Just recently the whole Visayas has been hit by the blackout which resulted in headaches and heat complains from people included in the area, not to mention the terrible heat with very little to none water supply due to down pumps generated by electricity.
A blackout caused by a problem with a transmission line in Leyte province hit several parts of the Visayas area Saturday morning and lasted for about eight hours, a radio report said.
The power outage started at about 9:45 a.m., but power had been partially restored to some areas in the Central Visayas region as of Saturday evening,
Visayas Electric Company (VECO) vice president for administration Sebastian Lacson said the blackout affected the entire Central Visayas region. Lacson said 80 percent of the power supply for Central Visayas comes from Leyte.
So here we go, just as they say. It’s better to have no electricity than have no water, but that’s not the case here, since out place is included in Visayas Blackout and specifically our water supply pump is generated by electricity so when there is a blackout then there is no water in the faucets which really sucks.
Unless the national government speeds up the development of the country’s geothermal energy capability, the Philippines will suffer persistent power outages that will turn away potential investors and derail economic recovery
Power is strategic to our economic development. The issue goes beyond blackouts but economic opportunities lost because of a short sighted power policy,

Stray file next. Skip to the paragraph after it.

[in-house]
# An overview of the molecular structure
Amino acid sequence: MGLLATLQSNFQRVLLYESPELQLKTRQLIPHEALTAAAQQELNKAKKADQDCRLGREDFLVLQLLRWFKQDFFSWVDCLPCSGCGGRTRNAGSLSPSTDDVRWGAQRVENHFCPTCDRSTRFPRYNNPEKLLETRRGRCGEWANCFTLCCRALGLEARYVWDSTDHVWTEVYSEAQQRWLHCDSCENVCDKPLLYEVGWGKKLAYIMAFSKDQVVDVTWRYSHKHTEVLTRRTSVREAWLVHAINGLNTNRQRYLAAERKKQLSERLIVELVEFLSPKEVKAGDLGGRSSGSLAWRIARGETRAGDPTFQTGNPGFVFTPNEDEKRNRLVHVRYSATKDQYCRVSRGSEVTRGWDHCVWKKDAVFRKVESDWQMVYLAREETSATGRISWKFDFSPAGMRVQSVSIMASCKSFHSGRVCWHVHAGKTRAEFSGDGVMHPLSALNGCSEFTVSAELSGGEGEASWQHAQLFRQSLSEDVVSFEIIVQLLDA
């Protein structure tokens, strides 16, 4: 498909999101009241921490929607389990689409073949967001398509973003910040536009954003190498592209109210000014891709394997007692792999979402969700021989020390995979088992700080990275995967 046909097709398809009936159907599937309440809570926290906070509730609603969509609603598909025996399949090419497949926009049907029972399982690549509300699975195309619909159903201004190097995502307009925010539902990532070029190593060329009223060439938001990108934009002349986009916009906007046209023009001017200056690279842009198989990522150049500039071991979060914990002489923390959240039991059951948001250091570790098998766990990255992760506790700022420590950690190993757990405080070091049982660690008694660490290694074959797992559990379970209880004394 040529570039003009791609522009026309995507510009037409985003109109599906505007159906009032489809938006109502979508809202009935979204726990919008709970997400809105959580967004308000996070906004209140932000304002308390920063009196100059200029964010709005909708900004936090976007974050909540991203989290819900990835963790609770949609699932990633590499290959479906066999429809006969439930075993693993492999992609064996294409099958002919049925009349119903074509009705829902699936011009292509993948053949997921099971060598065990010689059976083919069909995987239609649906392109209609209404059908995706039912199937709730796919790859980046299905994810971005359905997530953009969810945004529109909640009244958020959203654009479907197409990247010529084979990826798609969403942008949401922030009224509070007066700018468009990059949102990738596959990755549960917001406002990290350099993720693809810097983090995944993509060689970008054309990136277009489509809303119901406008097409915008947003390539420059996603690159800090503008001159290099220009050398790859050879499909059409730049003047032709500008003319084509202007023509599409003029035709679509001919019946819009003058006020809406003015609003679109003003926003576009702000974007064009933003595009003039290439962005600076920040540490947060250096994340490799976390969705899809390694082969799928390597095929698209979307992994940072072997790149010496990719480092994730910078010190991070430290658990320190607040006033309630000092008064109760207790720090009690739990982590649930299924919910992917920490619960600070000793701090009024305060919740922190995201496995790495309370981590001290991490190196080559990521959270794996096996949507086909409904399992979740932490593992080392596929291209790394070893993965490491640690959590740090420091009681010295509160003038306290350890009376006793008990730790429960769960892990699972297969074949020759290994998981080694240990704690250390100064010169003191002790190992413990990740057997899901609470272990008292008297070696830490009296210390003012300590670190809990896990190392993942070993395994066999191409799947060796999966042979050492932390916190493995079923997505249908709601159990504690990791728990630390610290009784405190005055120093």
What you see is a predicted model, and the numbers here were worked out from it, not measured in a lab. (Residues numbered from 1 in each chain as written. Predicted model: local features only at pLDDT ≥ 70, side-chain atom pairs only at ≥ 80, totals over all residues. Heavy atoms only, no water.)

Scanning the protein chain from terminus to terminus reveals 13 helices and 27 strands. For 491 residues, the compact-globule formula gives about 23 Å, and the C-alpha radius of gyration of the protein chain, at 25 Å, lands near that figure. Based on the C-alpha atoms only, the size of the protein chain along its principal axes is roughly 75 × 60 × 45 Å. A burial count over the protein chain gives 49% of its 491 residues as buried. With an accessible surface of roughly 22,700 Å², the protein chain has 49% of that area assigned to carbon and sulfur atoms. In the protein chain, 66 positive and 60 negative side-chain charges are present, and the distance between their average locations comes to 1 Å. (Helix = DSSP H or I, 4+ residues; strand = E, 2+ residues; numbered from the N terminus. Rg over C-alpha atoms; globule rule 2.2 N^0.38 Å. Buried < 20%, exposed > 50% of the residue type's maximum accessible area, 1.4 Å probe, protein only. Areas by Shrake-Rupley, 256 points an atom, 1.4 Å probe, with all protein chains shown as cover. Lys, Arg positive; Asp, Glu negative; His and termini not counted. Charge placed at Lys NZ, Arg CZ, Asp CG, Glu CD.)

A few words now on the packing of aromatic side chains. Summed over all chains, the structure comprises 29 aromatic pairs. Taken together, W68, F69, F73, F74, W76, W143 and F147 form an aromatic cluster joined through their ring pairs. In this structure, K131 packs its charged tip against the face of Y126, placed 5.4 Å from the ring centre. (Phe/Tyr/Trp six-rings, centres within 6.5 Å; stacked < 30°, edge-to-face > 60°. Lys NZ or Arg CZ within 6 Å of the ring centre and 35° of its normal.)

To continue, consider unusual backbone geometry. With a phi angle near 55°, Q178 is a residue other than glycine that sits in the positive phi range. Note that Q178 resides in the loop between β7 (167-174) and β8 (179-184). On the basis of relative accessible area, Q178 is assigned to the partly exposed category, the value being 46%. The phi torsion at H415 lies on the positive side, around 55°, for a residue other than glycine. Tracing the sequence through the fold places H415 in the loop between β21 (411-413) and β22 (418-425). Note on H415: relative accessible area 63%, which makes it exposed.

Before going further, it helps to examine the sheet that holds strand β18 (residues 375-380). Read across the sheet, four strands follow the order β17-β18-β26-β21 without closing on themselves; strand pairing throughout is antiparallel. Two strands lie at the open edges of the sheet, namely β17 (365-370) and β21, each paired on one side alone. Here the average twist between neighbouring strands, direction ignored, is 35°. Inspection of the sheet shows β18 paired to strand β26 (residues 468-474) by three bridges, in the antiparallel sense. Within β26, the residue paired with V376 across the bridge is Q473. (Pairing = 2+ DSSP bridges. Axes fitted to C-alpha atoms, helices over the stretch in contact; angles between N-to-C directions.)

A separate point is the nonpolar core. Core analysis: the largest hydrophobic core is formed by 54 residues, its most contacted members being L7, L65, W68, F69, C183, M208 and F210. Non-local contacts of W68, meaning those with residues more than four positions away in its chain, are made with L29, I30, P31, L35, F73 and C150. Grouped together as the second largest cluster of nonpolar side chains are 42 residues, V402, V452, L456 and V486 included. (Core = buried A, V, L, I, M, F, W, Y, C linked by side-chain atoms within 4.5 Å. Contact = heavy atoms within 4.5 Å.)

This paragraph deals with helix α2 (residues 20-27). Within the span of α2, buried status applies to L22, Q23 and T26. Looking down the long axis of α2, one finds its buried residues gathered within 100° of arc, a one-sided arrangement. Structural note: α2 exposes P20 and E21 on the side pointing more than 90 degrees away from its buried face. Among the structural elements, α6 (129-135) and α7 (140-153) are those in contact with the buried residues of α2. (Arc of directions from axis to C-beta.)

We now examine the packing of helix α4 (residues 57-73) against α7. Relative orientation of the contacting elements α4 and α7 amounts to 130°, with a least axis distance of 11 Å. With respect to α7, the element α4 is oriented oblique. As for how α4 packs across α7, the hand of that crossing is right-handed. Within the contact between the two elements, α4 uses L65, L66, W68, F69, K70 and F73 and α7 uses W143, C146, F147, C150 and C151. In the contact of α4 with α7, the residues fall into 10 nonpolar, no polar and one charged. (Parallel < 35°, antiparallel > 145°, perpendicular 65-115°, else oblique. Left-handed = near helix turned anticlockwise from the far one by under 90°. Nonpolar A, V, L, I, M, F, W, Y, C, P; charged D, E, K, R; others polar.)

periodic power outages that have been hitting key cities in Visayas and Mindanao in the last few months because of increasing demand. And unless national government gives full priority to harnessing geothermal power, the country faces the prospect of more power outages that will turn away foreign investors, especially those looking for clean sources of power for their factories.
Next to the United States , the Philippines has the second highest geothermal power capacity in the world right now. And we have enough geothermal power on our islands to more than double our current capacity,
Geothermal power is abundant in Bicol, Eastern Visayas, Western Visayas, Southern Tagalog, the Soccsksargen region and Central Mindanao .
Geothermal fluids drawn from the deep earth may carry a mixture of gases with them, notably carbon dioxide and hydrogen sulfide. When released to the environment, these pollutants contribute to global warming, acid rain, and noxious smells in the vicinity of the plant. Existing geothermal electric plants emit an average of 90-120 kg of CO2 per MWh of electricity, a small fraction of the emission intensity of conventional fossil fuel plants. Some are equipped with emissions-controlling systems that reduces the exhaust of acids and volatiles.
In addition to dissolved gases, hot water from geothermal sources may contain trace amounts of dangerous elements such as mercury, arsenic, and antimony which, if disposed of into rivers, can render their water unsafe to drink. Geothermal plants can theoretically inject these substances, along with the gases, back into the earth, in a form of carbon sequestration.
Construction of the power plants can adversely affect land stability in the surrounding region. This is mainly a concern with Enhanced Geothermal Systems, where water is injected into hot dry rock where no water was before.
Geothermal has minimal land use requirements; existing geothermal plants use 1-8 acres per megawatt (MW) versus 5-10 acres per MW for nuclear operations and 19 acres per MW for coal power plants..